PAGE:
Donna Sundblad, author of The Inheritance, agreed to answer some questions for me. With her permission, I share her answers with you. I hope you enjoy her answers as much as I did.
Who is the intended audience of The Inheritance? Did you write it with young people in mind?
Readers of all ages will relate to the young protagonist's struggle with an emptiness that swallows the temporary pleasures in life. We've all been there. It prompts Jejune to search for something more. The literal and symbolic nature of this book satisfies on two levels. While it is written to generate interest within the Christian fantasy market, the story will entertain anyone who enjoys adventure/fantasy, and it will resonate with those looking for the truth.
What inspired you to write this Christian fantasy book?
Today, society endeavors to define right from wrong with a shifting gauge. Political jargon such as "tolerance," "inclusive," and "progressive" continue to dilute this country's belief in God's standard. The Inheritance is an entertaining yet thought provoking book that does not tell the reader what to think, but stimulates one to question why they believe what they hold to be true as they follow the protagonist on his quest for the Eternal City.
As an adult, I questioned conflicting religious practices. They couldn't all be right. My love of such classics as Pilgrim's Progress and Hinds' Feet on High Places inspired me to write this quest for truth in similar allegorical fashion tailored to fit a more modern fantasy/adventure format.
When did you begin writing this book?
I started writing this book in 2005. In 2006, I lived in Florida and experienced that rash of hurricanes that occurred weekly. When we had to evacuate, I brought my Bible, and my laptop which contained my manuscript.
Did you have to do any research while writing? If so, what kind and how much?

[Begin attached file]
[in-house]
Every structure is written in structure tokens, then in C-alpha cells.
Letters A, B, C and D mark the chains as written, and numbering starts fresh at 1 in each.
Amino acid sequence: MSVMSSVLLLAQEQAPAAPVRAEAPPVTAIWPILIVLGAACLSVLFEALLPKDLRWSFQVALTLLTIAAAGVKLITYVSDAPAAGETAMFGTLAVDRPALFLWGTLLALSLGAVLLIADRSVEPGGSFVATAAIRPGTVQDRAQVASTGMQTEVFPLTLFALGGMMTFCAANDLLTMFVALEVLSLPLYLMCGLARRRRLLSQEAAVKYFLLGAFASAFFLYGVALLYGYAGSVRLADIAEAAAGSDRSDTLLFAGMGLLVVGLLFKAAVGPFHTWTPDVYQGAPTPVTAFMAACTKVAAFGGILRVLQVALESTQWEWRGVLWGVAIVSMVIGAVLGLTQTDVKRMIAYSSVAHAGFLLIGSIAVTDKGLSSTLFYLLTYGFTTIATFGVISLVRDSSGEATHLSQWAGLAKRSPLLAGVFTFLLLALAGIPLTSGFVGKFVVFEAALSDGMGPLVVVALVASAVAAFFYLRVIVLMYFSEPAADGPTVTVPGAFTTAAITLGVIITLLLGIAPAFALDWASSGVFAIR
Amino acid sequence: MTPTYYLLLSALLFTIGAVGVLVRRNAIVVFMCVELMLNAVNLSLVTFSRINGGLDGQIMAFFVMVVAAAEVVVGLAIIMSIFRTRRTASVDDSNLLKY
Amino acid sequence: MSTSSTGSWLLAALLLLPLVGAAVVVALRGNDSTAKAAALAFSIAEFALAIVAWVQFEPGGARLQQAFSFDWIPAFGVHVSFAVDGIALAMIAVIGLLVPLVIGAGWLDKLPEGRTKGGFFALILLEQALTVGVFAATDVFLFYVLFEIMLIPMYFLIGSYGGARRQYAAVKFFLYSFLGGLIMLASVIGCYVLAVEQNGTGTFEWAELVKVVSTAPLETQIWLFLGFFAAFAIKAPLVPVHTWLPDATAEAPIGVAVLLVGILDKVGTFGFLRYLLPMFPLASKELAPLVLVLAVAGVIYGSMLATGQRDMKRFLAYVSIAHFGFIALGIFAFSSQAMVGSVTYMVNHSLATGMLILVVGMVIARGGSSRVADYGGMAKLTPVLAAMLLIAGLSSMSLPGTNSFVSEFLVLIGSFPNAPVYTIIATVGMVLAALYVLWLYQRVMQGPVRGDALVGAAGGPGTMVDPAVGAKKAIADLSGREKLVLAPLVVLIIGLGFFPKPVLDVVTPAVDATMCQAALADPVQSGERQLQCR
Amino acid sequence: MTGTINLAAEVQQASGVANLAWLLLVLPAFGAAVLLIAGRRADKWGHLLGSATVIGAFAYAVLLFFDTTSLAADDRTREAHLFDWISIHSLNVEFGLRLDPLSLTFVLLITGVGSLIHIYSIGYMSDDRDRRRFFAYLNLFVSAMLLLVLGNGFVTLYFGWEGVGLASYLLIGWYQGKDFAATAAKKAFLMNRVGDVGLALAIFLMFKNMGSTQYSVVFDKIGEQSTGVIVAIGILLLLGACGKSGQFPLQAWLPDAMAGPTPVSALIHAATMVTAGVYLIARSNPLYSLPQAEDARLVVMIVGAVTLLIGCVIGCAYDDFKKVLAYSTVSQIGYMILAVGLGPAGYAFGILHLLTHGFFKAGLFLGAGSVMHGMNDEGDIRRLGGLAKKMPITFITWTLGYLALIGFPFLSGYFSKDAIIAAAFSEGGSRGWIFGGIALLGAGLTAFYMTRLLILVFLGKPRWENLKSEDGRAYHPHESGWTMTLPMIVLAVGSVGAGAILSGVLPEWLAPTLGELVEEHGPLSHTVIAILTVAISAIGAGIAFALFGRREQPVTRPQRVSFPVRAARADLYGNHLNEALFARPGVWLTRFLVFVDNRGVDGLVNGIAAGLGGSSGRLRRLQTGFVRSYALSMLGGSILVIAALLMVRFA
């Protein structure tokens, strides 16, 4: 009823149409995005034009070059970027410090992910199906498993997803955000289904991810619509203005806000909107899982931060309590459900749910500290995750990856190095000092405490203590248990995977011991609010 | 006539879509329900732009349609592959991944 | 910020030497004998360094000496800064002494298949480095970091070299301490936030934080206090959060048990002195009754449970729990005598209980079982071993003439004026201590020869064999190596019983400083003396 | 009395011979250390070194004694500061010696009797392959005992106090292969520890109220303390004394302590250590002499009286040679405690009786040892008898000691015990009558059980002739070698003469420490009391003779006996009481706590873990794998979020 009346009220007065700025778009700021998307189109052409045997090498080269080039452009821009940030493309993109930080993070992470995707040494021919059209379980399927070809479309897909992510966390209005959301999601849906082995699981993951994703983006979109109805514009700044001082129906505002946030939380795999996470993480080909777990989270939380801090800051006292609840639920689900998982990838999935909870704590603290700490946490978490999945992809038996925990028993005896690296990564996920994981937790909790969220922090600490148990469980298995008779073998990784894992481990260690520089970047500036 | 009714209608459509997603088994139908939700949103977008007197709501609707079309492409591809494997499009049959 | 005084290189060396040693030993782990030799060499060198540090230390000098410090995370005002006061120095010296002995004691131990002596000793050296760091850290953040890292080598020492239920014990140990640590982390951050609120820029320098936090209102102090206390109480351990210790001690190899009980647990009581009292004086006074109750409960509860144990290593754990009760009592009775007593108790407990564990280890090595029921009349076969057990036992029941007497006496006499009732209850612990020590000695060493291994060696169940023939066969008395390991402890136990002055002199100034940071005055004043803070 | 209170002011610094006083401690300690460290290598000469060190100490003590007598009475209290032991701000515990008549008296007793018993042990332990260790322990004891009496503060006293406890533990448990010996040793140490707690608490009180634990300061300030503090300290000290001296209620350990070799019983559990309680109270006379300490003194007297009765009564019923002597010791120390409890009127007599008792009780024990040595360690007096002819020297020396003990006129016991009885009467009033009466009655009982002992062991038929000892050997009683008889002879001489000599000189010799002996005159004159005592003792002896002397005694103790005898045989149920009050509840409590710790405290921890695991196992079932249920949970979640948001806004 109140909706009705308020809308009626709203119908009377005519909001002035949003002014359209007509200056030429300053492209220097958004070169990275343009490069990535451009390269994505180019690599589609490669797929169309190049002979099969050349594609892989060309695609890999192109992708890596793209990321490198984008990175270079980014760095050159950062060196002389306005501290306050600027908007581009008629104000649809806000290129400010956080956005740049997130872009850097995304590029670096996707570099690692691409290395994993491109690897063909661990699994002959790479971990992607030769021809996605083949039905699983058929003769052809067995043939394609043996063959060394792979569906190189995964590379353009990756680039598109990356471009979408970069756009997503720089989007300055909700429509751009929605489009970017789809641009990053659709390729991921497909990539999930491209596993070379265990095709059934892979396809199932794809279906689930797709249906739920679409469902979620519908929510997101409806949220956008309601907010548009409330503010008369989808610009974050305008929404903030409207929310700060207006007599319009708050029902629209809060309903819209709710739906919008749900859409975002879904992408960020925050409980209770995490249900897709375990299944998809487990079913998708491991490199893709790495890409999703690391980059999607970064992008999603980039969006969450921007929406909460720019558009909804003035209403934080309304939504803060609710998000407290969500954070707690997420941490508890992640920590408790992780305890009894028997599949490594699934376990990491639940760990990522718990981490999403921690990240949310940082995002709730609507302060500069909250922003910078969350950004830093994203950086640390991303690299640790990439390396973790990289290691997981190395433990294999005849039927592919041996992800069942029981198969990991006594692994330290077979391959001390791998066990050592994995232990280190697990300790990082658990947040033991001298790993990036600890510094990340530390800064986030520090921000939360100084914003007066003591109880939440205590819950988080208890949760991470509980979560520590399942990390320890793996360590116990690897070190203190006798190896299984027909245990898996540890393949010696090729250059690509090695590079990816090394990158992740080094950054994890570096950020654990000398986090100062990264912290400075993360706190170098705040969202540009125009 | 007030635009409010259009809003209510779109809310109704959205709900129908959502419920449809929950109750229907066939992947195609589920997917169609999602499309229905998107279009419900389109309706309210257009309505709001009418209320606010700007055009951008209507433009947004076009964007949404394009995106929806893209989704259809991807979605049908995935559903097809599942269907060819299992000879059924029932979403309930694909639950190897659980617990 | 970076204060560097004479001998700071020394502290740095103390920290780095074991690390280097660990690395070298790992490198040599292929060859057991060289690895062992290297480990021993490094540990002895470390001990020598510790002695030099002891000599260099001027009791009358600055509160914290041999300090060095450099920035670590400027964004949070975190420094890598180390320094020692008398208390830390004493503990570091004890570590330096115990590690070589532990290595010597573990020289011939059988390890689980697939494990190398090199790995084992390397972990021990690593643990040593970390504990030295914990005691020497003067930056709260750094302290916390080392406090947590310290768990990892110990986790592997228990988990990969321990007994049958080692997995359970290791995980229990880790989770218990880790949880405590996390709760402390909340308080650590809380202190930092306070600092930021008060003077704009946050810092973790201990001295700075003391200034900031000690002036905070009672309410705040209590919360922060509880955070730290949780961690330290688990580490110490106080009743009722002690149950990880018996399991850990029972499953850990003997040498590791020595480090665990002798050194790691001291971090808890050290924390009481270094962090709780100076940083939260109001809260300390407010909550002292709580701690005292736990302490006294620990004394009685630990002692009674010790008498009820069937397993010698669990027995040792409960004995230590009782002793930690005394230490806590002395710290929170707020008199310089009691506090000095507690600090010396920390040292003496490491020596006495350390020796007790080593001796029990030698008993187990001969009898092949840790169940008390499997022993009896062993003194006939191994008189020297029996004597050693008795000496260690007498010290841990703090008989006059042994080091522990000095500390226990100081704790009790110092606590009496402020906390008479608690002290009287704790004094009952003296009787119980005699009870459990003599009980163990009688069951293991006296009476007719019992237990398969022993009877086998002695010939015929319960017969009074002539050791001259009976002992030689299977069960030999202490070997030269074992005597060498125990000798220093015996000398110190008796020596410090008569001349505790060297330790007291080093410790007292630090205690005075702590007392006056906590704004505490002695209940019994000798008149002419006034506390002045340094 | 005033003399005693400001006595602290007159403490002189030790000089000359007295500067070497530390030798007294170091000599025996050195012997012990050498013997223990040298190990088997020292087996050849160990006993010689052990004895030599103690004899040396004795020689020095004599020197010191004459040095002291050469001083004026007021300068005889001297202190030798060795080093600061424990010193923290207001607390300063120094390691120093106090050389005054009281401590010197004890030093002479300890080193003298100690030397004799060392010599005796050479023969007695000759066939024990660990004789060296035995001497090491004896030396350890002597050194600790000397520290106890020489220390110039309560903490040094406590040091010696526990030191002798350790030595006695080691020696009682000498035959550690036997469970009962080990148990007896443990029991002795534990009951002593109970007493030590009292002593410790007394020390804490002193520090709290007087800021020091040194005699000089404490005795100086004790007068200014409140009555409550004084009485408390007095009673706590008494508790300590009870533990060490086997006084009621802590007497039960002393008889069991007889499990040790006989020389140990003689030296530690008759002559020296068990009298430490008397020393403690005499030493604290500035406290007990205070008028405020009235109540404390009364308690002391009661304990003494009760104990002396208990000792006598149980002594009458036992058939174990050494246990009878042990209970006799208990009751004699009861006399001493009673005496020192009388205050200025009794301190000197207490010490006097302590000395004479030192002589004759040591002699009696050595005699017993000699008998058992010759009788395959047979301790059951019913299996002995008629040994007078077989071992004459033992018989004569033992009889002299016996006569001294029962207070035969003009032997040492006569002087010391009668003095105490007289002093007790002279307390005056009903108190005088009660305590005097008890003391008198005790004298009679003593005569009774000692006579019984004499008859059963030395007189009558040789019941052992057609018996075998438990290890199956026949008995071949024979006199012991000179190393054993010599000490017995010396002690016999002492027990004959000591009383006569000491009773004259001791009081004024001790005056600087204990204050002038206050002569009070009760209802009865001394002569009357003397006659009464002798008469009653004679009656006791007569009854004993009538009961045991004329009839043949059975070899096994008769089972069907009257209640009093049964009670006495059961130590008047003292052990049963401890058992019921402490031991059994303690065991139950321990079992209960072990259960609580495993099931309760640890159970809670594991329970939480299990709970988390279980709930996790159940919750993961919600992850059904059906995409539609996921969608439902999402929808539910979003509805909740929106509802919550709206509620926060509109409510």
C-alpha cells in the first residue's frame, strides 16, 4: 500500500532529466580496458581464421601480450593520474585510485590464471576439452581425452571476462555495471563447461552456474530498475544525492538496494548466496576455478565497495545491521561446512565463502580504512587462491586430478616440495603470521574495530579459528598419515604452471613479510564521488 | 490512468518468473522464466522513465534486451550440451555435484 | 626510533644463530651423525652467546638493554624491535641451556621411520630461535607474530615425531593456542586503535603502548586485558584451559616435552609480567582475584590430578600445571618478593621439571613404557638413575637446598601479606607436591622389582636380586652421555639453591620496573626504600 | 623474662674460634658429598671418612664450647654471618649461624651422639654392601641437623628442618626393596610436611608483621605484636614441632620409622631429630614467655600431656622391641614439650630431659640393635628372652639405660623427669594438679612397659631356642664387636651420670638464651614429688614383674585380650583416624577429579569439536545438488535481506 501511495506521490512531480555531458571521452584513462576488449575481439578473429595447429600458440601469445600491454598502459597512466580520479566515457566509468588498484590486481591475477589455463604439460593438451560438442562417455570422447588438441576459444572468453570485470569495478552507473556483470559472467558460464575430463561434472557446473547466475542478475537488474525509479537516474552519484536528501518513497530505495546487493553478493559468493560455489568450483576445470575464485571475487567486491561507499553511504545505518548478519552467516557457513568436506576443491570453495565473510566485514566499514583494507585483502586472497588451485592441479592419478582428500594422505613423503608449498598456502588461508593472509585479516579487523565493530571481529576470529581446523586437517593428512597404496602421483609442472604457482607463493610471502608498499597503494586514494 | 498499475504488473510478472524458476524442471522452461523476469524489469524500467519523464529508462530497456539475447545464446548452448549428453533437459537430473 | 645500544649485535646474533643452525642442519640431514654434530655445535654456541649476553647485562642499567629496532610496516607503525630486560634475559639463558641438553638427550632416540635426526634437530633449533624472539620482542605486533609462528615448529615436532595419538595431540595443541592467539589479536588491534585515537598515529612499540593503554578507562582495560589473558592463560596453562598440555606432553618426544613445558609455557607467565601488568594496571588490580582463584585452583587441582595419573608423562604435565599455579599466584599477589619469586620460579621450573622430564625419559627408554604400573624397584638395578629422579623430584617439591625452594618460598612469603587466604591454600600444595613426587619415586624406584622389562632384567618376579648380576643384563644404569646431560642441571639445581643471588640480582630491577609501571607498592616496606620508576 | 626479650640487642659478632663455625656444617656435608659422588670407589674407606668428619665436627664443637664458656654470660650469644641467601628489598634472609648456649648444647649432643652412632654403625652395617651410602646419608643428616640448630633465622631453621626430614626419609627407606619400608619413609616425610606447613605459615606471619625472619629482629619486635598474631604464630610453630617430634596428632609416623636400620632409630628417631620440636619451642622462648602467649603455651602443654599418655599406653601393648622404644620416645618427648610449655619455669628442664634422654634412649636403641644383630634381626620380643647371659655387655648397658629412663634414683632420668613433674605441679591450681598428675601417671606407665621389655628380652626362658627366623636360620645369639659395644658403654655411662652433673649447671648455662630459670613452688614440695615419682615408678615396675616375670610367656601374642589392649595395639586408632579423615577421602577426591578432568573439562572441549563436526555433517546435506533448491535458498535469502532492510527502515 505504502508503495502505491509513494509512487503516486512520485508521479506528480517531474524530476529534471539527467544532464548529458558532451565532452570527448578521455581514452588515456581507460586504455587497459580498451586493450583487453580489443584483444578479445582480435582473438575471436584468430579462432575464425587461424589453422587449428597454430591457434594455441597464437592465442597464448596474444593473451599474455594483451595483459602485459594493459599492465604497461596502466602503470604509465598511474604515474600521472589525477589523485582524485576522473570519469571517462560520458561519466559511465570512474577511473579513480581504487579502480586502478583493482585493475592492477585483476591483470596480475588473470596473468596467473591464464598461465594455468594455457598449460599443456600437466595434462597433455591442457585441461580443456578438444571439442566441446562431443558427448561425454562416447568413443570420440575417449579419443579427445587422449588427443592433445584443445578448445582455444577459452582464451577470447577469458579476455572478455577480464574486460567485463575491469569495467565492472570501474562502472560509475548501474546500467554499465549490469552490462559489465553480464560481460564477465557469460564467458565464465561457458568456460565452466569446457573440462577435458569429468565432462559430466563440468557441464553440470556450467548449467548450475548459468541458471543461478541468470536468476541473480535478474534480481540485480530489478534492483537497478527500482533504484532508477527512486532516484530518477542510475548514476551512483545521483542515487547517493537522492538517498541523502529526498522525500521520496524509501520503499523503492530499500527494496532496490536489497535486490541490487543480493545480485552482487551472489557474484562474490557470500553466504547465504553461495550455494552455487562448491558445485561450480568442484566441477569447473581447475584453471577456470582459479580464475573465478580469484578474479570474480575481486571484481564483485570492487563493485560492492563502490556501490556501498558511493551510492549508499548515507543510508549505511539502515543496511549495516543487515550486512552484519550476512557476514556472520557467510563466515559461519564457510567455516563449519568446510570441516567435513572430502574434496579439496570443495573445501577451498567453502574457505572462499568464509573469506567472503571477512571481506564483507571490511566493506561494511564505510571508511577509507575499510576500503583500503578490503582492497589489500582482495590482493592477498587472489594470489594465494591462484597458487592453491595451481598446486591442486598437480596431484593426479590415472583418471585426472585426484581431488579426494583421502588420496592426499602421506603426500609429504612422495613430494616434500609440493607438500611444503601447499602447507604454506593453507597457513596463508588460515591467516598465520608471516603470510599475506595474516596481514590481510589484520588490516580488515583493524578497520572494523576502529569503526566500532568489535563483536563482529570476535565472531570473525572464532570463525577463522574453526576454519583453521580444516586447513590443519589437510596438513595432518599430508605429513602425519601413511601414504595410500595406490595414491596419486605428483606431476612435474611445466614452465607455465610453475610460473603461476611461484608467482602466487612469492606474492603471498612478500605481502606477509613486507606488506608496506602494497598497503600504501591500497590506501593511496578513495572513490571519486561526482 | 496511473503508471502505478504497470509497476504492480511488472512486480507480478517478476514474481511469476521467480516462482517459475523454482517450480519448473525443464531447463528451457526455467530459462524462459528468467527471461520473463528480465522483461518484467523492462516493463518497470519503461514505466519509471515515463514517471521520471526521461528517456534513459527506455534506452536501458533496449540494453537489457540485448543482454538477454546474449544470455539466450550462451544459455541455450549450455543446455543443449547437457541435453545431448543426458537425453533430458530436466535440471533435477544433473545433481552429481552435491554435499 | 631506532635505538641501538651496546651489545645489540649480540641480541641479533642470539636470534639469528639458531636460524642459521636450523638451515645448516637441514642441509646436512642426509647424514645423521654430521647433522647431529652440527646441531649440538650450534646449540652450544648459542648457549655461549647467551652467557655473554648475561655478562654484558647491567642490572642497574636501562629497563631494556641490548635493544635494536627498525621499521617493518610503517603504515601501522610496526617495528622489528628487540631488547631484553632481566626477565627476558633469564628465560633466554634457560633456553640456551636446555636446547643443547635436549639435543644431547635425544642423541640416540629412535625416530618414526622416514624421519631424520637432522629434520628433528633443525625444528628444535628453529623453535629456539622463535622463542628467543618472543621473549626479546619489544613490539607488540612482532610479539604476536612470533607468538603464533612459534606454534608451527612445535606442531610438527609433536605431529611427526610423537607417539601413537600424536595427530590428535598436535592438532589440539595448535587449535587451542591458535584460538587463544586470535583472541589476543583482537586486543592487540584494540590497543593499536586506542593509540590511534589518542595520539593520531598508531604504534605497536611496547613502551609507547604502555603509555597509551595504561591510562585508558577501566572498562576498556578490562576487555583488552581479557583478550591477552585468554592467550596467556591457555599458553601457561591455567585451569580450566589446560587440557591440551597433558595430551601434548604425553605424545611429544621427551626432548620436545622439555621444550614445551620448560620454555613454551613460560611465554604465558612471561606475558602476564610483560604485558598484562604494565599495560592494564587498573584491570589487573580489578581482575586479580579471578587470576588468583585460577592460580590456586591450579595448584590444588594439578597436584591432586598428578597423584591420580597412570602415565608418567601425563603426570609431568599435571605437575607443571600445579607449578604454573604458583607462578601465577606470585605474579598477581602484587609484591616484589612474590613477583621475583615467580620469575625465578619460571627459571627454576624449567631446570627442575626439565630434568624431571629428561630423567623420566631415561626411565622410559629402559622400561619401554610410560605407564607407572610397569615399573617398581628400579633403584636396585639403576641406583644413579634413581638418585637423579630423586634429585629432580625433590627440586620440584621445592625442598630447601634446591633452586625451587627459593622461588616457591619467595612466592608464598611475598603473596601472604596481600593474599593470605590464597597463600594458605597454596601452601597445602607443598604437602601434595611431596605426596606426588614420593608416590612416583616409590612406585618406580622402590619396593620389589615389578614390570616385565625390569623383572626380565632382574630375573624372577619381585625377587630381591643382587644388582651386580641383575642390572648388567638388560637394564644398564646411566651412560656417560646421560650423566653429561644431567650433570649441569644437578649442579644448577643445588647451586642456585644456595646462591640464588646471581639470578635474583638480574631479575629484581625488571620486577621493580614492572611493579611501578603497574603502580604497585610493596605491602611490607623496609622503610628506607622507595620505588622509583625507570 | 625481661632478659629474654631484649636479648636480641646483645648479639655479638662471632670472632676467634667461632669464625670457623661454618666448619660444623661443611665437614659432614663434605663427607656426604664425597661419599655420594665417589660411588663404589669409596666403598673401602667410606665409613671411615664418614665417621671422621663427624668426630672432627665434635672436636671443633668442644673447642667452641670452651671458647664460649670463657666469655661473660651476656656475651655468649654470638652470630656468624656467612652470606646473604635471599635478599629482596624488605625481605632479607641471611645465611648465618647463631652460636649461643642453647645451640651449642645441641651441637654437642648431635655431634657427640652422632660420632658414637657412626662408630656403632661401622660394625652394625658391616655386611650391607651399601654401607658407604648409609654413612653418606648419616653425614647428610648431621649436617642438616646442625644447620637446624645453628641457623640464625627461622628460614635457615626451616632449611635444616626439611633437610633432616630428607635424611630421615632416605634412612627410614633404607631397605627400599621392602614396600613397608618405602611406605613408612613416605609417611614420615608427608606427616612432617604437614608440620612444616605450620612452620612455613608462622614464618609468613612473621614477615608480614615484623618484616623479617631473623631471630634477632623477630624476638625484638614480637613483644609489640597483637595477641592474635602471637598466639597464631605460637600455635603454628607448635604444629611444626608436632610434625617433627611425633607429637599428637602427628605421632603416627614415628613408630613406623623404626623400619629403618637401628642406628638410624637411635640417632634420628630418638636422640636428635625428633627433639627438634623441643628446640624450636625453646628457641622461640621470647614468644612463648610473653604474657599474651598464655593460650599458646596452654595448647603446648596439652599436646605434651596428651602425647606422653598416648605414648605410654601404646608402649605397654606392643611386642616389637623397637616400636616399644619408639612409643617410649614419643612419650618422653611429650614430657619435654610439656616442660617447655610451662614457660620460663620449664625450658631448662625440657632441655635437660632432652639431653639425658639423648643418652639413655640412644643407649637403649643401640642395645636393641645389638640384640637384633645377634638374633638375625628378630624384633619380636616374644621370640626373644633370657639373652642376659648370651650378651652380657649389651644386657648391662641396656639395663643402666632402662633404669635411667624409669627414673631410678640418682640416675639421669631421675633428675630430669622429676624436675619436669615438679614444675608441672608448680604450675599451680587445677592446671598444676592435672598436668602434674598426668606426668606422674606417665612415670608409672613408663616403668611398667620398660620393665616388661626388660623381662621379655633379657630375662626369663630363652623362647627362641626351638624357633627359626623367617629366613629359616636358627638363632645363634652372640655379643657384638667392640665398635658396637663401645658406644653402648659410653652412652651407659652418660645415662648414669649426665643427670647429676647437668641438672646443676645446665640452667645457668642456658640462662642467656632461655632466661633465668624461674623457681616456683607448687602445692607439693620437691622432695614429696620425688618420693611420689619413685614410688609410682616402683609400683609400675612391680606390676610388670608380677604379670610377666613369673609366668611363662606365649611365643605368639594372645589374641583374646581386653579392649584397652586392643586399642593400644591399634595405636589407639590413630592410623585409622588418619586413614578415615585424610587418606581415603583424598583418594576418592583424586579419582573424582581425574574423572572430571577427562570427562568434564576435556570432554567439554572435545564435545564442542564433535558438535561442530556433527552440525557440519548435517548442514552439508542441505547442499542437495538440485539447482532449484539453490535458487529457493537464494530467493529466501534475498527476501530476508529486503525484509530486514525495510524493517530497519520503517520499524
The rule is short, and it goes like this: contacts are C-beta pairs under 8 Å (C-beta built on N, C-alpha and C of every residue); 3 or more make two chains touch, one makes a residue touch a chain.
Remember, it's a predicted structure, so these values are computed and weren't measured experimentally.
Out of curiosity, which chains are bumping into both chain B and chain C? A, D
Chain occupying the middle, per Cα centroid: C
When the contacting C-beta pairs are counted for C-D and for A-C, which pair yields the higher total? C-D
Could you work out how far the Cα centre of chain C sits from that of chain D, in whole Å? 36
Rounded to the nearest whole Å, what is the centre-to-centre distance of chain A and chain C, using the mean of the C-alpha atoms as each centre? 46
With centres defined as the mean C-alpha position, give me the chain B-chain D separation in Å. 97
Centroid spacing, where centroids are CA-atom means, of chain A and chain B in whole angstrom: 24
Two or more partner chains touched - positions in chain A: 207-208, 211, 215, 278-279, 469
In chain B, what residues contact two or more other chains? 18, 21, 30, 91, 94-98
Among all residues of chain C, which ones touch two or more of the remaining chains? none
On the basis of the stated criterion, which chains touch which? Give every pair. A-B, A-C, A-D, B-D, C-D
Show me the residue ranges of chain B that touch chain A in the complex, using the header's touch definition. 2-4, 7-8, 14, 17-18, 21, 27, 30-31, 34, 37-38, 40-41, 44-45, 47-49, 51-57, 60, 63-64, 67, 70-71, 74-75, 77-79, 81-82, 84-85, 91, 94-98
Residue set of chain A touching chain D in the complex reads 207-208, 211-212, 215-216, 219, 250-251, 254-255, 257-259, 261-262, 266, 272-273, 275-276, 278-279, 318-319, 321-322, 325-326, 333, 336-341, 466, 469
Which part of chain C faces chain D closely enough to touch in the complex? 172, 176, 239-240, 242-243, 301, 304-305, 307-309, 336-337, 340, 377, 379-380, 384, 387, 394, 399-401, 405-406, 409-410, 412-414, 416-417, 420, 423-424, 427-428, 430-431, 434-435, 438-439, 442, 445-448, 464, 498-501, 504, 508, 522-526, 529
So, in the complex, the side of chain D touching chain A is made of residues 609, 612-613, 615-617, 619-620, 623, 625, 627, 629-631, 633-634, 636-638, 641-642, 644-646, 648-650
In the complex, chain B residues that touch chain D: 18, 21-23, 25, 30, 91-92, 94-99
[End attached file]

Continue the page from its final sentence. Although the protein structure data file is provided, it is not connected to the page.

I've never written a book that doesn't take research. For example, I remember talking to an avid outdoorsman about how to start a fire with a flint. For those who have read the book, that was about the time Jejune traveled into the Valley of Shadow and makes camp on the beach.
Because so much of this story happens in caves and caverns, I also had to do some study on that.
Along with the normal research, finding the right names took a lot of research, too.
The symbolism in the book is amazing. How long did it take you to come up with the names for each of the characters? What about the names of the places that Jejune visits?
The names play an important part in the story and they evolved with the story. In fact, Jejune started out with the name Bother because he was bothered by the emptiness within him, but as the story developed I wanted a name that could work for the entire story. Jejune means incomplete, and even when he becomes a light bearer he is a growing character so that name worked much better.
Most of the names of towns, villages and other places came fairly easily. The tough one was Syncretism. I kept looking for a word that would work for a place that housed a number of ideologies and beliefs under one roof. One night at Bible Study I learned about syncretism and I knew it was the perfect word choice.
The only name I couldn't find a meaning for was Wigglewot. Why is this? Why did you choose this name for Jejune's animal companion?
That's a good question. Wot is the 3rd person singular of Wit which means to know. Wigglewot knew what to do, but often allowed circumstances to sway his thinking. Thus he became Wiggle Wot which I decided to blend into one word. He's a good example of those of us who know the right thing to do, but think we have a little wiggle room in choosing right from wrong.